The Irish invented whiskey, which is why they make such good stuff.
I know it’s a touch pricy to be making drinks with, but I tried Egan’s Conviction 10 Years Irish Whiskey in a Tipperary and it worked amazingly well. The spice notes mixed with the sweetness of the vermouth perfectly and created something unique and delicious. So, if you’re open to making “classy cocktails” with high-end booze, this works well.
I used it to make a Revolver Cocktail, and it was delicious. I’m not a fan of super sweet drinks, I have the opposite of a sweet tooth, so making a low ABV, sugarless, Revolver was fantastic and hit the spot perfectly as a pre-dinner cocktail. I also tried just shaking it up with some heavy cream, mint, and ice in a shaker and then pouring it over a cube of ice on a warm Saturday afternoon and again, it was perfect. I hope they keep this going.
Setting aside the disparity between name and delivery, it’s not a bad whiskey. There isn’t much there, it’s super light, but what’s there is pretty standard for a blended Irish whiskey. So if you like that standard, light, Irishstyle you won’t be disappointed – but it’s nothing to get excited about, unfortunately.
While I love that they made this Bushmills 28 Years PX Cask Whiskey, and it turned out better than I would have thought, I’m not sure PX is the best fit for Bushmills. I’m missing some of the Bushmills character and I’m not fully finding that Irish essence I love so much. It’s a good whiskey, I’m just having a hard time mentally connecting it as Bushmills.
I hope they make the Bushmills 25 Years Marsala Cask Irish Single Malt Whiskey Review a regular release. This is the exact kind of whiskey I search for regularly. Not to drink on my own, but to share with my friends and get their thoughts and reactions. I’m sure this one would be polarizing, but I’m wholly in the positive column!
Getting back to the whiskey, I, unfortunately, have to say that this is the least enjoyable of the 4 USA releases because it carries a lot of harshness and sharpness to it. The one, minor, saving grace is that as the Waterford Dunbell 1.1 opens a plethora of banana notes arrive and help add a bit of balance to the profile. And I truly mean plethora! Ranging from green to overripe to stale dried chips this dram covers it all.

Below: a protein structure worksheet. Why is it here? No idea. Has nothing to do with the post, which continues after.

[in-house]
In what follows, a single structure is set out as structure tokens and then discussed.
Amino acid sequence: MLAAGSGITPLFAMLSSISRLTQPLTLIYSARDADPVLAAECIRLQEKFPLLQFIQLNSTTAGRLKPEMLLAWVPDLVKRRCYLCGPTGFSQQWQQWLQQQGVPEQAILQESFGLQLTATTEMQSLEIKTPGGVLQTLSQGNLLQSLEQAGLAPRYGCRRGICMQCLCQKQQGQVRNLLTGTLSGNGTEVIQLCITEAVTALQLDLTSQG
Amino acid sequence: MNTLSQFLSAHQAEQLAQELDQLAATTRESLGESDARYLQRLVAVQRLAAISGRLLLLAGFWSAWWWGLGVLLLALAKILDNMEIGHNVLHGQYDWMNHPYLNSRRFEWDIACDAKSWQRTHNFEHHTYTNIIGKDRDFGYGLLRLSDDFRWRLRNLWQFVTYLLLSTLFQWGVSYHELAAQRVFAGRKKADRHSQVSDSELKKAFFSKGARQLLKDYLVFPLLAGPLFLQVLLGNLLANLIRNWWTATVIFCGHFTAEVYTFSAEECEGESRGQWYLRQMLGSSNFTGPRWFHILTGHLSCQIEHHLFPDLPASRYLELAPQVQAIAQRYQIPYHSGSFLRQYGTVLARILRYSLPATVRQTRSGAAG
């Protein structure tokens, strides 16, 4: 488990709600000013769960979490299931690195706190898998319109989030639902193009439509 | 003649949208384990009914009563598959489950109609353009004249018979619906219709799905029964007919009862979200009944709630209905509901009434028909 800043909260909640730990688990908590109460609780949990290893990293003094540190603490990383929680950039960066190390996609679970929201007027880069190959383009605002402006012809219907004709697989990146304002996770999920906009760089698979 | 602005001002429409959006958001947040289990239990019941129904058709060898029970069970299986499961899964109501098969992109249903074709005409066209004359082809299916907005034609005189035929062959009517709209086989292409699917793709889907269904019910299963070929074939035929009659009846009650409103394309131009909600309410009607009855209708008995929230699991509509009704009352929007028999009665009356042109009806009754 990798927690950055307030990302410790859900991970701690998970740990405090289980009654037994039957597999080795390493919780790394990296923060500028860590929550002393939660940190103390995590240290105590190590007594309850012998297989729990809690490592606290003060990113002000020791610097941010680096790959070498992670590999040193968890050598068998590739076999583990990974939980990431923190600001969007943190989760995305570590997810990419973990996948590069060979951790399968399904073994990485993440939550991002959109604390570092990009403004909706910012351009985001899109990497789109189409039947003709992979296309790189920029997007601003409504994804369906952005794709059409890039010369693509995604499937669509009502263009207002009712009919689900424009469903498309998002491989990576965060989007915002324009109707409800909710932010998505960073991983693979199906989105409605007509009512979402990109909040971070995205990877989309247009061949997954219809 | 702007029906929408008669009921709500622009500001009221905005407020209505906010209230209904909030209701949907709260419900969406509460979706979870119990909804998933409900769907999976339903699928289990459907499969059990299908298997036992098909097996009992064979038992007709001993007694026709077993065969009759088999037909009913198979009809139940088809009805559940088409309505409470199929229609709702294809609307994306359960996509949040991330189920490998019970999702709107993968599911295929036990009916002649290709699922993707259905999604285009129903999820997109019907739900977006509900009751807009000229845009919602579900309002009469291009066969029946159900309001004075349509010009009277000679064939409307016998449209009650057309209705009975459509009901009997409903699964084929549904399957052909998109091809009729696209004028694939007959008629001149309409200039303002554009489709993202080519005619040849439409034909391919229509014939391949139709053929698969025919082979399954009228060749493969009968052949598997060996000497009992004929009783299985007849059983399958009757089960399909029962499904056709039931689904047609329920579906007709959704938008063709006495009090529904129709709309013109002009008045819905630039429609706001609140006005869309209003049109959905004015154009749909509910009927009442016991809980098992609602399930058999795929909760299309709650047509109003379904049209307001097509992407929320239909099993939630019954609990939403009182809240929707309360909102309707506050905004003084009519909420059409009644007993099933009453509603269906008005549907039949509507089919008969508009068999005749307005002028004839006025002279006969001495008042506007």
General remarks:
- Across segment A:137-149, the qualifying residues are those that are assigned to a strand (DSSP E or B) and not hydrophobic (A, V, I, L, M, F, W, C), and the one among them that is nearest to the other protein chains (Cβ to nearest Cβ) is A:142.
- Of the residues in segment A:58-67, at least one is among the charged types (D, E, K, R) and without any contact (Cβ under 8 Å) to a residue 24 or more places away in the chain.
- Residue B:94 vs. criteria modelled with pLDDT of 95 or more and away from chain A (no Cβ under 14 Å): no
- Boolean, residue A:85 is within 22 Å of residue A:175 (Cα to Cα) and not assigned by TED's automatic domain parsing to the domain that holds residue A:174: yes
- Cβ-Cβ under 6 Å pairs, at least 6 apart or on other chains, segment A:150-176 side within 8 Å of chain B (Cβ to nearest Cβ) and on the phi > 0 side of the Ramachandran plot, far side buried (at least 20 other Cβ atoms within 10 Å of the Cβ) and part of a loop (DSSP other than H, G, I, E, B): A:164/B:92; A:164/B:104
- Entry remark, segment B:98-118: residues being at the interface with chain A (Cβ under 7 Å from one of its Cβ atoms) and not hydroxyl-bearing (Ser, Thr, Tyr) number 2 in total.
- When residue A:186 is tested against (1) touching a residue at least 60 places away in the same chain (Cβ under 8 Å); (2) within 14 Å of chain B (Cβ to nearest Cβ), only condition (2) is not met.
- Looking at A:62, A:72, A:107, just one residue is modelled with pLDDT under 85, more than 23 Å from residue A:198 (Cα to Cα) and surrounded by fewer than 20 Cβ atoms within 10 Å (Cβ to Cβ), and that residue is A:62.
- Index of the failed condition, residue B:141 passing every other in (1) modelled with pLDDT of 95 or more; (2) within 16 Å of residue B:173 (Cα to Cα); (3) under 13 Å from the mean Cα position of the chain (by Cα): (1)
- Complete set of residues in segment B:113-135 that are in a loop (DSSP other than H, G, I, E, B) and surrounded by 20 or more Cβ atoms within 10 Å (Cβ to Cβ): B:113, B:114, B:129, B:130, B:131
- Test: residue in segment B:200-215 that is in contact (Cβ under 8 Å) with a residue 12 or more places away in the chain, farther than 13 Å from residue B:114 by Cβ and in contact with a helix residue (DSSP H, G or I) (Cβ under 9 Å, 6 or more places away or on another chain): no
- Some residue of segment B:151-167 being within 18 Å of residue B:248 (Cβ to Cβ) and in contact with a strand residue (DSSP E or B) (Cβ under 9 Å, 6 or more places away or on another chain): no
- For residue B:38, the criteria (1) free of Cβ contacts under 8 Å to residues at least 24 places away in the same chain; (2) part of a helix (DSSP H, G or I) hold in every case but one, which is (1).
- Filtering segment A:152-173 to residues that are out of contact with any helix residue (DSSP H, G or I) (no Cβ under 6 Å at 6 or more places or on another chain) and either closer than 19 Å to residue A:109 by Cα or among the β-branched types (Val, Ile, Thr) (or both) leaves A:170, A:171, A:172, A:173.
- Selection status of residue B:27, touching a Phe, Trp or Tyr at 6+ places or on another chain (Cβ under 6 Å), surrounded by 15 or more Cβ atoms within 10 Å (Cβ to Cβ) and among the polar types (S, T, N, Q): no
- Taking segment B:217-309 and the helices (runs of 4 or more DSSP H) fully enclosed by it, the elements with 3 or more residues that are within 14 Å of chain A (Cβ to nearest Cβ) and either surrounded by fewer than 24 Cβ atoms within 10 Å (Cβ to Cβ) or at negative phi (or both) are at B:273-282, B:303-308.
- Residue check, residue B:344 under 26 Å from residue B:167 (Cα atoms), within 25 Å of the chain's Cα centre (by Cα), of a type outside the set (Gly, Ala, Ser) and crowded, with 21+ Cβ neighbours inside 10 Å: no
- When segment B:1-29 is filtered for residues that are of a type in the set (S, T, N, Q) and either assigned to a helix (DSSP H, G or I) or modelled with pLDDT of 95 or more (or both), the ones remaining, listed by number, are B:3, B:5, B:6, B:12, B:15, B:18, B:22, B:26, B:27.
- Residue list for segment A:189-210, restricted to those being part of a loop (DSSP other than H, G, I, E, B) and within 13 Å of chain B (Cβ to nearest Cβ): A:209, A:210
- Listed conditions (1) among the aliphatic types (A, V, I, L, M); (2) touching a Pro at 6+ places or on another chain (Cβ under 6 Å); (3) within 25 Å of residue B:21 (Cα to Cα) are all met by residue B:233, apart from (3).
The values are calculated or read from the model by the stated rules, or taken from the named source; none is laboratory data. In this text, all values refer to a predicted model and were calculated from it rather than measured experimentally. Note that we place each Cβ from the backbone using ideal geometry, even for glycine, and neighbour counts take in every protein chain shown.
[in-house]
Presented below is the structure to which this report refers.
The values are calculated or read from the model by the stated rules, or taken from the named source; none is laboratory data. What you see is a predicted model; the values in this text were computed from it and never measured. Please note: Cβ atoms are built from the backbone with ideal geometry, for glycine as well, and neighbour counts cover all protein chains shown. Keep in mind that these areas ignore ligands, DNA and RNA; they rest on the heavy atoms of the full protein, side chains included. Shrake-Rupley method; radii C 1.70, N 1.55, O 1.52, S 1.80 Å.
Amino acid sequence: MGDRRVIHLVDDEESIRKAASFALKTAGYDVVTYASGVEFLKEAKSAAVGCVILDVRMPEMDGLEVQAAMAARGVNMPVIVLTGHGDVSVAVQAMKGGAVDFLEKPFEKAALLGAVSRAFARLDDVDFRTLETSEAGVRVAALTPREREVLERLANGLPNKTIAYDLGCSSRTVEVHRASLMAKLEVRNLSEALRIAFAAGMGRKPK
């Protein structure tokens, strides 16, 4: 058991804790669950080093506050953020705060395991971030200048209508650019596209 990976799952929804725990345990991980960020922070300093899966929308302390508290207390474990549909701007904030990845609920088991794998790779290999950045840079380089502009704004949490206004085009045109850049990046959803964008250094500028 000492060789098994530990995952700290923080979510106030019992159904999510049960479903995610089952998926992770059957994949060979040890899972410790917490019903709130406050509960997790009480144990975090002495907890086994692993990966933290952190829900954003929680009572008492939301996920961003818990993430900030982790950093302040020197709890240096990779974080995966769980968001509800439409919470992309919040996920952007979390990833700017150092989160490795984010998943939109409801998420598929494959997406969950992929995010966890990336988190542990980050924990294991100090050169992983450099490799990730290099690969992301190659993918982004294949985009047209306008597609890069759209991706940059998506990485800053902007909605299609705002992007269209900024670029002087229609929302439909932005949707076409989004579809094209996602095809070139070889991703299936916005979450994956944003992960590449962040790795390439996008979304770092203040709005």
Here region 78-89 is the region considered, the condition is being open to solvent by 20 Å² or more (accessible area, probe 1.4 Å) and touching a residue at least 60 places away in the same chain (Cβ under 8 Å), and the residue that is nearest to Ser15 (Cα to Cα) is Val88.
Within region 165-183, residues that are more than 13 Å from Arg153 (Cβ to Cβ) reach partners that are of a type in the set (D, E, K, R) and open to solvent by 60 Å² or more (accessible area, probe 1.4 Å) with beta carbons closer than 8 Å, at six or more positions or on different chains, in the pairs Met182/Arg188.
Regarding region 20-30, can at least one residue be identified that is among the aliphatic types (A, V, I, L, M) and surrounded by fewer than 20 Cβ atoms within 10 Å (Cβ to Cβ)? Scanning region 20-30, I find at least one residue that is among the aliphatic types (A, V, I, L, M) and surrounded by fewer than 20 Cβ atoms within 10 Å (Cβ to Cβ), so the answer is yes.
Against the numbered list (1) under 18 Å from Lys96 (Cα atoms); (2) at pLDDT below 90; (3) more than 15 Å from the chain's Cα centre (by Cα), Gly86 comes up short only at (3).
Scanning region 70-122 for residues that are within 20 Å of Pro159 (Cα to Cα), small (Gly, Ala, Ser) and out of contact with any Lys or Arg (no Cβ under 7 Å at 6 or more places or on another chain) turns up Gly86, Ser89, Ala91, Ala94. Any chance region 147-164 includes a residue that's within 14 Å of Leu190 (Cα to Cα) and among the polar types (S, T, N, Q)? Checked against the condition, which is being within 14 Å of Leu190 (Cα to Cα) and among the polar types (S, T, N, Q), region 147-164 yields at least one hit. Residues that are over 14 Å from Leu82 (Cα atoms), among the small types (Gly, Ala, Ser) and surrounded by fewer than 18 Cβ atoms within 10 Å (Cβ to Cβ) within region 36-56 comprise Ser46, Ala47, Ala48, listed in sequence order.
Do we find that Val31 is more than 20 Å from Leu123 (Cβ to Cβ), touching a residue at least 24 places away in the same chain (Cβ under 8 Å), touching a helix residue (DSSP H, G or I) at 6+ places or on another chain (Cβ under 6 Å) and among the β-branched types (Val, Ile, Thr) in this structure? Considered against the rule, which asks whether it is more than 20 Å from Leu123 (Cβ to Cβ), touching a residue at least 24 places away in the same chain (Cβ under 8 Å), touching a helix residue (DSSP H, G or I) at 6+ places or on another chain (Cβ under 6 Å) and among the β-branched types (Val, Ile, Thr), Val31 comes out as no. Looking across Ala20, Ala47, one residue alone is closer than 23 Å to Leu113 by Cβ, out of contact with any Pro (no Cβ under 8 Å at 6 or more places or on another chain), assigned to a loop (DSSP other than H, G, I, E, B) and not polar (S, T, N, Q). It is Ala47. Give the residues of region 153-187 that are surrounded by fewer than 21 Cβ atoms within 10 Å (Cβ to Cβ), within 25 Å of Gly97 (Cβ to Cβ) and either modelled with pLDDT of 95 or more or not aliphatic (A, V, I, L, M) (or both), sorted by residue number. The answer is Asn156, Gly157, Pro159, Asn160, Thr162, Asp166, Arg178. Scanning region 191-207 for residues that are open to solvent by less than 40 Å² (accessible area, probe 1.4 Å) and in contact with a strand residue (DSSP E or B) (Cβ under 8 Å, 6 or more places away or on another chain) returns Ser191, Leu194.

or a business, being profitable is a key component to existing and to do that they need to find a balance between a striking idea and a product people purchase. And that’s where we find ourselves in this moment with the Waterford Rathclogh 1.1. Sitting between an idealistic concept and a profitable product.
There is a slight rawness to it that’s interesting and intriguing and while I wouldn’t identify that grain note as being a distinct character attributed to the terroir of the grain, it is a good balancing note to the sweetness. It’s not a crafty raw wood, but a spirity, grainy note that’s beautiful in its own right but shows a lack of integration due to its youth. The Waterford Dunmore 1.1 needs time to deepen and blossom but shows endless promise.
There are whiskies I like that are still destined to be included in the infinity barrel and there are whiskeys that are destined to be drank in the entirety by me and my friends. This is definitely the latter. The Boutique-y Whisky Irish Single Malt 15 Years is just too darn good to put into the infinity barrel. Well… maybe just an ounce so I know some trace of it is always there.
Coating and strangely heavy this delicious Irish whiskey sits on the senses with a far larger presence than you’d imagine for a chill filtered 40% ABV whiskey. The aroma is elegant and complex with a fruity and coppery essence. The palate slides through heavy and a tad oily with the same fruit and copper. The finish is a long fade of dried fruits, copper and some warm vanilla… it’s good.
Not going to bury the lead, I wish the Irishman Founder’s Reserve Caribbean Cask had more rum influence. The Aroma is nice, it’s sweet and fruity with a fun essence that reminds me of fall; easily the best part of the whiskey. The palate is a bit darker with more of a roasty character but again is mostly in line with the fruity and lightly spiced essence of the aroma. The finish is where the rum actually starts to show.
The aroma is good, but it’s light and not a whole lot is coming through; what’s there is pleasant, but there’s a distinct lack of depth. The palate is a bit heavier and a bit deeper, but it’s still not all that interesting; good, but just not captivating. The finish is the most interesting part with the heavy copper aspect.